What is the Bonds Definition? A bond is a security that pays a fixed interest rate. The price of a bond is derived from the par value, which is the amount that will be paid when the bond matures. This amount is known as the face value or par value nominal. Interest rates on bonds are quoted as a percentage of the par value. If the issuer of the securities defaults on its obligations, the bondholder will only receive a partial or no payment at all. In contrast, bonds that are priced above or below par are referred to as having higher interest rates.

There are various types of bonds, including zero coupon and index. The first two are unsecured and pay no interest during their life. The latter has no collateral to offer, and is also known as debtentures. The maturity date is the date when the issuer will repay the investor’s principal. Municipal bonds are issued by local or state governments, while Treasury bonds are issued by the U.S. Treasury. The duration and credit ratings of a bond are the most important considerations for determining its value and suitability for investment.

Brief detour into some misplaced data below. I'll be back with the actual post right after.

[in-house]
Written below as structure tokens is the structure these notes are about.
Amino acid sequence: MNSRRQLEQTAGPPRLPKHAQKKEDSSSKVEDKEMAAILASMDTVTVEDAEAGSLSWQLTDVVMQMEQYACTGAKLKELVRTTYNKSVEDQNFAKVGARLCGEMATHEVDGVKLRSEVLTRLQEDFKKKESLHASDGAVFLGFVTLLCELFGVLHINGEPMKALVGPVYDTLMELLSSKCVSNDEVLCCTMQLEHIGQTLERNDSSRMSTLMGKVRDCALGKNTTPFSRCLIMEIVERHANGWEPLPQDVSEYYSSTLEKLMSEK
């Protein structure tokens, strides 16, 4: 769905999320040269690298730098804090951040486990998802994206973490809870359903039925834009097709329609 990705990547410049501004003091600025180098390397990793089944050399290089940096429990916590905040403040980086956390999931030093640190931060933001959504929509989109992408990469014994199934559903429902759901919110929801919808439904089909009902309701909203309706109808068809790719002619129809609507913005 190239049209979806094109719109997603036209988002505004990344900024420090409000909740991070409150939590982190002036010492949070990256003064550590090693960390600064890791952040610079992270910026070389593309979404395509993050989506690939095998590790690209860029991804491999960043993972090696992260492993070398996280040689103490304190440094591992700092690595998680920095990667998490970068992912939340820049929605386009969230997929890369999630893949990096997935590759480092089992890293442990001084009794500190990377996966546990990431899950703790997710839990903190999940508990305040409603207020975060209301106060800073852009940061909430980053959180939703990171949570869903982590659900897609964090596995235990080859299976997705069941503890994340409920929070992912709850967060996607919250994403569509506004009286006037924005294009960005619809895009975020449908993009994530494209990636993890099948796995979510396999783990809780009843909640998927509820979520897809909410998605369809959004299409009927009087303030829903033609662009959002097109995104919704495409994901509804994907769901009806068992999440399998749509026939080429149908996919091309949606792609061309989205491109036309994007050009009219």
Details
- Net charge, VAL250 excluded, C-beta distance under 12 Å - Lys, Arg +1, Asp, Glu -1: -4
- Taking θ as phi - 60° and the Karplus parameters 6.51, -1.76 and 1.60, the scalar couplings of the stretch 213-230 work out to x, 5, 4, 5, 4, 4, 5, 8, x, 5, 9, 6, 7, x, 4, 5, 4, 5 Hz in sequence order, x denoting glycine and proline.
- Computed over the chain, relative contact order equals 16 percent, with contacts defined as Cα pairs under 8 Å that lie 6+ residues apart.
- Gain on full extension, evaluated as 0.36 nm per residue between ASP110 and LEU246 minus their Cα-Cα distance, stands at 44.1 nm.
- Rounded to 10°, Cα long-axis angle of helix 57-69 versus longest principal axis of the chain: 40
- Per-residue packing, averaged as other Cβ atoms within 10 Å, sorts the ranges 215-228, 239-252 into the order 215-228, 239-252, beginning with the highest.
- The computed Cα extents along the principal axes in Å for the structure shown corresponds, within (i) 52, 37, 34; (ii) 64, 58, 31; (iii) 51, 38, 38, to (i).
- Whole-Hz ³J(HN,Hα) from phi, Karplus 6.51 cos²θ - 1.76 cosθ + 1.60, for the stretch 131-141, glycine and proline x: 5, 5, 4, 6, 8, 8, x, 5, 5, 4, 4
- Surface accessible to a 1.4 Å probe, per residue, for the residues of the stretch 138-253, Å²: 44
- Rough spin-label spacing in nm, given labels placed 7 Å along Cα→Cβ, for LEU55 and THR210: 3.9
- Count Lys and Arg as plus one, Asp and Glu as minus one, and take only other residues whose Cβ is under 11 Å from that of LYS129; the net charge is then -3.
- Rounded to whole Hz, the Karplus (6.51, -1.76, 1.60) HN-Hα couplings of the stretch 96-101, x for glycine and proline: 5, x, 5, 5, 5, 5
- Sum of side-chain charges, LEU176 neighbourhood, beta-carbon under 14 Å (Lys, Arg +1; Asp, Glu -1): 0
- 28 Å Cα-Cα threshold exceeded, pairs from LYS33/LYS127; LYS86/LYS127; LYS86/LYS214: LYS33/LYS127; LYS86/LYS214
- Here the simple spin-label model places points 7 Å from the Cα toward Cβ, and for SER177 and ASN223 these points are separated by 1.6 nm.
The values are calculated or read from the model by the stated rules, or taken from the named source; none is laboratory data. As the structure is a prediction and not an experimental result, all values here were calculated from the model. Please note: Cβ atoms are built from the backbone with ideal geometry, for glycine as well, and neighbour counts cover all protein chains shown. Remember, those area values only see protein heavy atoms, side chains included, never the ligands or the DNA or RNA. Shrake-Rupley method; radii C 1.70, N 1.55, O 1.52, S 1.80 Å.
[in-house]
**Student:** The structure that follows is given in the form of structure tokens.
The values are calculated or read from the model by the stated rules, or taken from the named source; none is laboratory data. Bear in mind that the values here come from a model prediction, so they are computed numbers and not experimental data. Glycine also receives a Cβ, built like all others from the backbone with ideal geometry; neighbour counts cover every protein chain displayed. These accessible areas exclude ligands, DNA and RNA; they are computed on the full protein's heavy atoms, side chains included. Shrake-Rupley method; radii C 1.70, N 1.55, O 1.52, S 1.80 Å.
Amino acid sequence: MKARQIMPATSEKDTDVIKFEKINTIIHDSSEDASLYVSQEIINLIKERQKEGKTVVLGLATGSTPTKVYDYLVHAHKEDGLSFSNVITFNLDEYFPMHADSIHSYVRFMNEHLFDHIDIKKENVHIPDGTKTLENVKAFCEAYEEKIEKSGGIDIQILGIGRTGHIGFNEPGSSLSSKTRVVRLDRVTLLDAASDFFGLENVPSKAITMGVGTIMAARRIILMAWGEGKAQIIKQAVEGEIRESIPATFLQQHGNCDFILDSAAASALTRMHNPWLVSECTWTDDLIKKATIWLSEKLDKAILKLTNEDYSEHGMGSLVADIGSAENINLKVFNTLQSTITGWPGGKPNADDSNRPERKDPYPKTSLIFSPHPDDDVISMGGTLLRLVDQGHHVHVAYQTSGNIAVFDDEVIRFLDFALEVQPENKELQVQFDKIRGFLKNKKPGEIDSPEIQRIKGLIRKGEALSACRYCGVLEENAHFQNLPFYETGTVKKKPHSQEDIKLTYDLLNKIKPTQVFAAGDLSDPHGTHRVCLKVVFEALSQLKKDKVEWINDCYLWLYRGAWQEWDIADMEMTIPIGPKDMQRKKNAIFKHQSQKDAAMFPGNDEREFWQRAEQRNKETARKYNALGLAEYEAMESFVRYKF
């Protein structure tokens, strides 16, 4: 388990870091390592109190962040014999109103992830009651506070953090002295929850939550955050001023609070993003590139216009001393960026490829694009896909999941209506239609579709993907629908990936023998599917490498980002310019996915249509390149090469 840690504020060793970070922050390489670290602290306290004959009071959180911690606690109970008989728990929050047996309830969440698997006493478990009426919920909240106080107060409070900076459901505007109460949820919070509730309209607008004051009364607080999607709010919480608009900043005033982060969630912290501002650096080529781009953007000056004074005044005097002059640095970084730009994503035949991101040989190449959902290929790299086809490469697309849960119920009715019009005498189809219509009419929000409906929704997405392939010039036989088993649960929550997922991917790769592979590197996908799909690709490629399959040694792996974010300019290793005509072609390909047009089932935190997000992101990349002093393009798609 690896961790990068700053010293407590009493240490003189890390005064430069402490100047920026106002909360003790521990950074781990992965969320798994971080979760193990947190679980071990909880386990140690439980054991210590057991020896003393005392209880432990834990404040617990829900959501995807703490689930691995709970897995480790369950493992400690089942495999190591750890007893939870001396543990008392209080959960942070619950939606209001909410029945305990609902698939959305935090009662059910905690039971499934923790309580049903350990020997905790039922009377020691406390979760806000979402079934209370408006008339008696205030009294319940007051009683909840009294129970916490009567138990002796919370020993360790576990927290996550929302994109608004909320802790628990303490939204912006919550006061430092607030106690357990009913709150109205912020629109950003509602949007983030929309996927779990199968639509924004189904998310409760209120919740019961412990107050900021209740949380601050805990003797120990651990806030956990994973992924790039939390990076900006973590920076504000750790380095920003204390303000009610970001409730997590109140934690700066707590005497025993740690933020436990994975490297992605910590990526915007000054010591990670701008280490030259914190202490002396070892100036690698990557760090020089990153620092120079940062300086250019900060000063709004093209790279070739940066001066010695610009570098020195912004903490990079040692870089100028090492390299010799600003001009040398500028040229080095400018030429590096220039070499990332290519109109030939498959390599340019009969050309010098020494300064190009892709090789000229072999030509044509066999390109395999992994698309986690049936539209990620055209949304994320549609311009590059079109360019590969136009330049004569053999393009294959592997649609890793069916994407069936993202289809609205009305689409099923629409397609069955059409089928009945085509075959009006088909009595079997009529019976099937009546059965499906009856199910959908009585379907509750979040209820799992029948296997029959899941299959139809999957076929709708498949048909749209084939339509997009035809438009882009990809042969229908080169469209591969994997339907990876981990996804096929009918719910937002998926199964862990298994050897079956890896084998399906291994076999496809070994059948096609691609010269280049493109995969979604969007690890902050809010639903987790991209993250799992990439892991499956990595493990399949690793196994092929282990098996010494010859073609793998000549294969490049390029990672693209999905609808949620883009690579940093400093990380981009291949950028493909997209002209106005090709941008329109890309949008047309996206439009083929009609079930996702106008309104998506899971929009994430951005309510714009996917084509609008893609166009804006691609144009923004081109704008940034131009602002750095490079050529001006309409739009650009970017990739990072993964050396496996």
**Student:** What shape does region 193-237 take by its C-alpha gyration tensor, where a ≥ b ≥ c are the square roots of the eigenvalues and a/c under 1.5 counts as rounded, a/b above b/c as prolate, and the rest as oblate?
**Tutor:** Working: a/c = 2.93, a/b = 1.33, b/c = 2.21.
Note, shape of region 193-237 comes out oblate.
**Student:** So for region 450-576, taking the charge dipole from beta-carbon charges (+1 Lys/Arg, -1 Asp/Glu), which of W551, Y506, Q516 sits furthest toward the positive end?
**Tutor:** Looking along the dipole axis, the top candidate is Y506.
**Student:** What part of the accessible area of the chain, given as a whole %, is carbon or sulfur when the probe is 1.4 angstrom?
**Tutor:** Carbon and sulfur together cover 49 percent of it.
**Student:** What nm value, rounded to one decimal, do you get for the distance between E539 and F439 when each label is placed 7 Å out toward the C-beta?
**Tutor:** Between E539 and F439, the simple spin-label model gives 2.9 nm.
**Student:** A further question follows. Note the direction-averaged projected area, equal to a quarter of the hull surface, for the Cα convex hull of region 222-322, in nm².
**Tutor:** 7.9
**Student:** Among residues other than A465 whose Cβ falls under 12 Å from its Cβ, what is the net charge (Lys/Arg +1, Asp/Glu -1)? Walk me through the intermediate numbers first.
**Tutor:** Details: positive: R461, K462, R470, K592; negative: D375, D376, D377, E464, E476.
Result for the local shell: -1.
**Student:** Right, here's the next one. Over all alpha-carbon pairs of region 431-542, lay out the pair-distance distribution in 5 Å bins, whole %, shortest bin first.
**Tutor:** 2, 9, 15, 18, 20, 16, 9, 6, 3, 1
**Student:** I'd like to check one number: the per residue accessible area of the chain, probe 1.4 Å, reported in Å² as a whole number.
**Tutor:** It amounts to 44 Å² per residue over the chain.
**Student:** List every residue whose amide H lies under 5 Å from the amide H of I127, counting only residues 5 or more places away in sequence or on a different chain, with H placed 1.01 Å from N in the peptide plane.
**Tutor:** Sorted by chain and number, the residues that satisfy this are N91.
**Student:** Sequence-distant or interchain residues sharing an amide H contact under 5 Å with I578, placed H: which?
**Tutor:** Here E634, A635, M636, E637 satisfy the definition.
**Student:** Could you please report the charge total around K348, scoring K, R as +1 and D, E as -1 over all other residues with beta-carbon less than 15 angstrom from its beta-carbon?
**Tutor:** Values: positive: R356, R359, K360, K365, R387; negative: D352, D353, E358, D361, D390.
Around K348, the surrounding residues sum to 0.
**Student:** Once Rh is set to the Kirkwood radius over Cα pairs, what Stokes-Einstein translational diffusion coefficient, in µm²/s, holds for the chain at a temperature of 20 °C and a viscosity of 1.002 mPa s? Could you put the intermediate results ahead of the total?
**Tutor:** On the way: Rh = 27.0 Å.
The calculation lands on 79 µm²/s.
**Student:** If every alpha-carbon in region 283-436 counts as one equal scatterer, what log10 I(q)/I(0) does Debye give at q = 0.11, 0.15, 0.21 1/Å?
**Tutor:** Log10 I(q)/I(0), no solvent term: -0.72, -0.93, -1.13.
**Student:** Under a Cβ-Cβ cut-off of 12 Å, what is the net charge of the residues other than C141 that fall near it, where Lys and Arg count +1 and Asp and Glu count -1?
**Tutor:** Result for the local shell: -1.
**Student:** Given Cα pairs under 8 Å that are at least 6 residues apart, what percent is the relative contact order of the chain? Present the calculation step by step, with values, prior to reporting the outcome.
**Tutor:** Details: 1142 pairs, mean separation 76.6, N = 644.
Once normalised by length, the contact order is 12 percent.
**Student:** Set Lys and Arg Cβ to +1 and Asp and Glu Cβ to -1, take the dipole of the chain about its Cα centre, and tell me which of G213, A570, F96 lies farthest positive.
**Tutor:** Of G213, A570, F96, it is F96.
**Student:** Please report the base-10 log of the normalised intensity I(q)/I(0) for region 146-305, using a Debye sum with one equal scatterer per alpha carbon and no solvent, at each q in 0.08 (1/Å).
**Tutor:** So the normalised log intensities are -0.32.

Another important factor is the quality of a company issuing a bond. A bond’s market price reflects its future interest payments and principal, and the interest rate of the bond is known as the yield to maturity. The interest rate on a bond is usually close to the current market interest rate, so investors who are willing to wait a few years to repurchase the bond can potentially make a profit. The same goes for a corporate bond.